Whether you're planning a big holiday meal or simply using meat or poultry from your freezer to make dinner, safe thawing is essential for avoiding food poisoning. When you freeze meat, you preserve the dormant bacteria currently on it. However, thawing the meat incorrectly by leaving it on the kitchen counter or placing it in hot water can reactivate harmful bacteria like Salmonella and E. coli. Learning safe thawing habits are important for the health of your family.
Three Methods to Thaw Meat Safely
According to the United States Department of Agriculture (USDA), there are only three ways you can safely thaw meat: in the refrigerator, in cold water, and in the microwave. Any other method risks portions of the meat becoming too warm and too hospitable for dangerous bacteria. The USDA describes any temperature between 40 degrees and 140 degrees Fahrenheit as the "danger zone," meaning these temperatures are ideal for bacteria growth. Even while you're thawing it, your meat or poultry should stay below 40 degrees Fahrenheit.
How to Thaw Meat in the Refrigerator
You can safely thaw meat or poultry in the refrigerator because your fridge keeps its temperature between 35 and 40 degrees Fahrenheit. Refrigerator thawing requires some advanced planning, as it may take 24 hours to thaw a pound of ground beef or a package of chicken breasts. The time it takes to thaw your meat will depend on the size of the cut and the temperature of your fridge. It is safe to refreeze foods thawed in the refrigerator without cooking them first.
Follow these steps to thaw your poultry or meat:
- Take the meat out of the freezer.
- Keep the meat in the package or put in a clean plastic bag.
- Place the meat in a dish so that when it thaws, the liquids do not drip on other foods.
- Put the meat in the refrigerator and monitor the progress.
How to Thaw Meat in Cold Water
The next quickest method to thaw meat safely is using the cold-water method. It will take about 30 minutes per pound of meat when thawing in cold water. This method is convenient if you did not take the meat out of the freezer early enough to thaw before dinner. Although this method thaws the product faster than the refrigerator thawing method, it is more hands-on and requires more of your attention. It's also important to note that the USDA recommends immediately cooking meats thawed this way, rather than refreezing these items.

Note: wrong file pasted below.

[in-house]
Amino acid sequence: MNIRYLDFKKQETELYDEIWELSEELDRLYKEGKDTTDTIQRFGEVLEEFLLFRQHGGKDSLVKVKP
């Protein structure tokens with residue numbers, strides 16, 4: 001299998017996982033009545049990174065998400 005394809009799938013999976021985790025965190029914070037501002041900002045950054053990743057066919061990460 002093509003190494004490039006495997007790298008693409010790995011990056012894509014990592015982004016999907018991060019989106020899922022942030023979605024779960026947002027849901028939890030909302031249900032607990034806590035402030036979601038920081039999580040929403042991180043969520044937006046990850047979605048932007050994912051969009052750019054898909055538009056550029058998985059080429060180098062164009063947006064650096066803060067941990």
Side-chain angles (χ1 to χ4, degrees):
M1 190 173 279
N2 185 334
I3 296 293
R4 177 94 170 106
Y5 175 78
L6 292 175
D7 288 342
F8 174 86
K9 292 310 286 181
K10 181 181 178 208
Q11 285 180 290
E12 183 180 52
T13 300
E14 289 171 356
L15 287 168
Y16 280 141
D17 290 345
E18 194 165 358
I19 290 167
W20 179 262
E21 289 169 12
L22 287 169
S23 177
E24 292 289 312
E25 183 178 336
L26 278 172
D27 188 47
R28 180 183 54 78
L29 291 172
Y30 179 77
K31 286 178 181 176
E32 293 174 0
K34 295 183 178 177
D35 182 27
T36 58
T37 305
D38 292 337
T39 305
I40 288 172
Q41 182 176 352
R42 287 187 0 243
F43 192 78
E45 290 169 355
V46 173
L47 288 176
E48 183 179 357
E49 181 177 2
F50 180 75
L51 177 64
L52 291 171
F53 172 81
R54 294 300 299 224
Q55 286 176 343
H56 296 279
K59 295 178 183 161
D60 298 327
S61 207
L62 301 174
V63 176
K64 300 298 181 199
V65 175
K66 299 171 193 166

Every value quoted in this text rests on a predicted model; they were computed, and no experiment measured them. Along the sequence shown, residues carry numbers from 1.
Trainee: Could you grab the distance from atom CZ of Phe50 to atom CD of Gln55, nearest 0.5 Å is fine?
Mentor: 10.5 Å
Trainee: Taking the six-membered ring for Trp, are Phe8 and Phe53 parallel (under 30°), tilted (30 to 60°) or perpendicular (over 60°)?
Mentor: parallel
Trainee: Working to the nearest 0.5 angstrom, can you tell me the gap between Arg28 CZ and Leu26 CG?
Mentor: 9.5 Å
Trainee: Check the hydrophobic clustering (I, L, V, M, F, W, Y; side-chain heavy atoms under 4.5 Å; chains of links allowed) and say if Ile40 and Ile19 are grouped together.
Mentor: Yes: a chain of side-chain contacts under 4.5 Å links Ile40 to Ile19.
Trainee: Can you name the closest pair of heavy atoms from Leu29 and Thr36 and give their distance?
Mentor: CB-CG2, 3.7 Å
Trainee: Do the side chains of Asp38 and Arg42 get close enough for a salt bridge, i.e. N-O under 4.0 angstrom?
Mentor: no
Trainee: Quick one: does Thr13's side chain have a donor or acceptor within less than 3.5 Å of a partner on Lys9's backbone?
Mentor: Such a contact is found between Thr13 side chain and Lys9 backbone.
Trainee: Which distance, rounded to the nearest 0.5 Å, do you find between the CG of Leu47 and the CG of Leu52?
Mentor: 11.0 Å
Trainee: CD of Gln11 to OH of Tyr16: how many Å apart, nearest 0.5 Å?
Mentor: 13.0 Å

Follow these steps to thaw your poultry or meat in cold water:
- Fill the kitchen sink or a large bowl with cold water. Do not use hot or warm water; this can cause bacteria to grow.
- Place the frozen meat in a leak-proof bag or package so it won't absorb sink water or produce a watery-tasting meat product.
- Submerge the package of meat in the water.
- Change the water to new cold water every 30 minutes.
How to Thaw Meat in the Microwave
The microwave is the fastest method of thawing meat safely, but it can also result in partial cooking of your food. Since microwaves tend to cook things unevenly, some of your meat may reach danger zone temperatures and will require immediate cooking. Never refreeze meat thawed this way.
Here's how to thaw your meat in the microwave:
- Remove plastic wrap or Styrofoam packaging from your meat.
- Place it on a microwave safe dish.
- Program your microwave according to instructions.
- Start the microwave. Check your meat frequently to monitor the thawing. You may need to turn the dish or stir the pieces of meat from time to time.
Thawing a Turkey or Other Large Cut of Meat
According to the USDA, thawing your turkey in the refrigerator is the best method. If you are in a pinch and the turkey is not completely thawed, the cold-water method is acceptable. Remember, when thawing turkey in the refrigerator; place your turkey on a dish so the thawing juices do not drip on other food. You'll have to plan in advance for thawing your turkey in the refrigerator as it can take several days. Because of the size of a turkey or large piece of meat, thawing in the microwave is usually impractical.
Use this chart to plan ahead.
|Turkey Size||Refrigerator Thawing||Cold Water Thawing|
|Four to 12 pounds||One to three days||Two to six hours|
|12 to 16 pounds||Three to four days||Six to eight hours|
|16 to 20 pounds||Four to five days||Eight to ten hours|
|20 to 24 pounds||Five to six days||Ten to 12 hours|
Helpful Tips for Safe Thawing
Keep these helpful tips in mind:
- If you do not like the taste of microwaved meat and don't have time to use one of the other methods of thawing, you can cook food in its frozen state. According to meatsafety.org, cooking frozen meat takes approximately 50 percent longer than thawed meat.
- Wash your hands after handling meat, whether it is frozen or thawed. Always thoroughly wash your hands before touching other parts of the meal, such as salads, vegetables, and other side dishes.
- Wash the countertops and kitchen surfaces if the meat came in contact with them. Use bleach to sterilize cutting boards, and wash any meat-thawing dishes in hot water.
- Do not put cooked meat back into the container the raw meat was thawed in.
- To avoid thawing, go to the store and buy your meat fresh and unfrozen; store it in the refrigerator for the days allowed on the package.
Delicious Instead of Dangerous
Although it may be tempting to thaw your meat in hot water or on the counter, safety is more important than convenience. Take the time to defrost your meat the right way so your meal will be delicious instead of dangerous.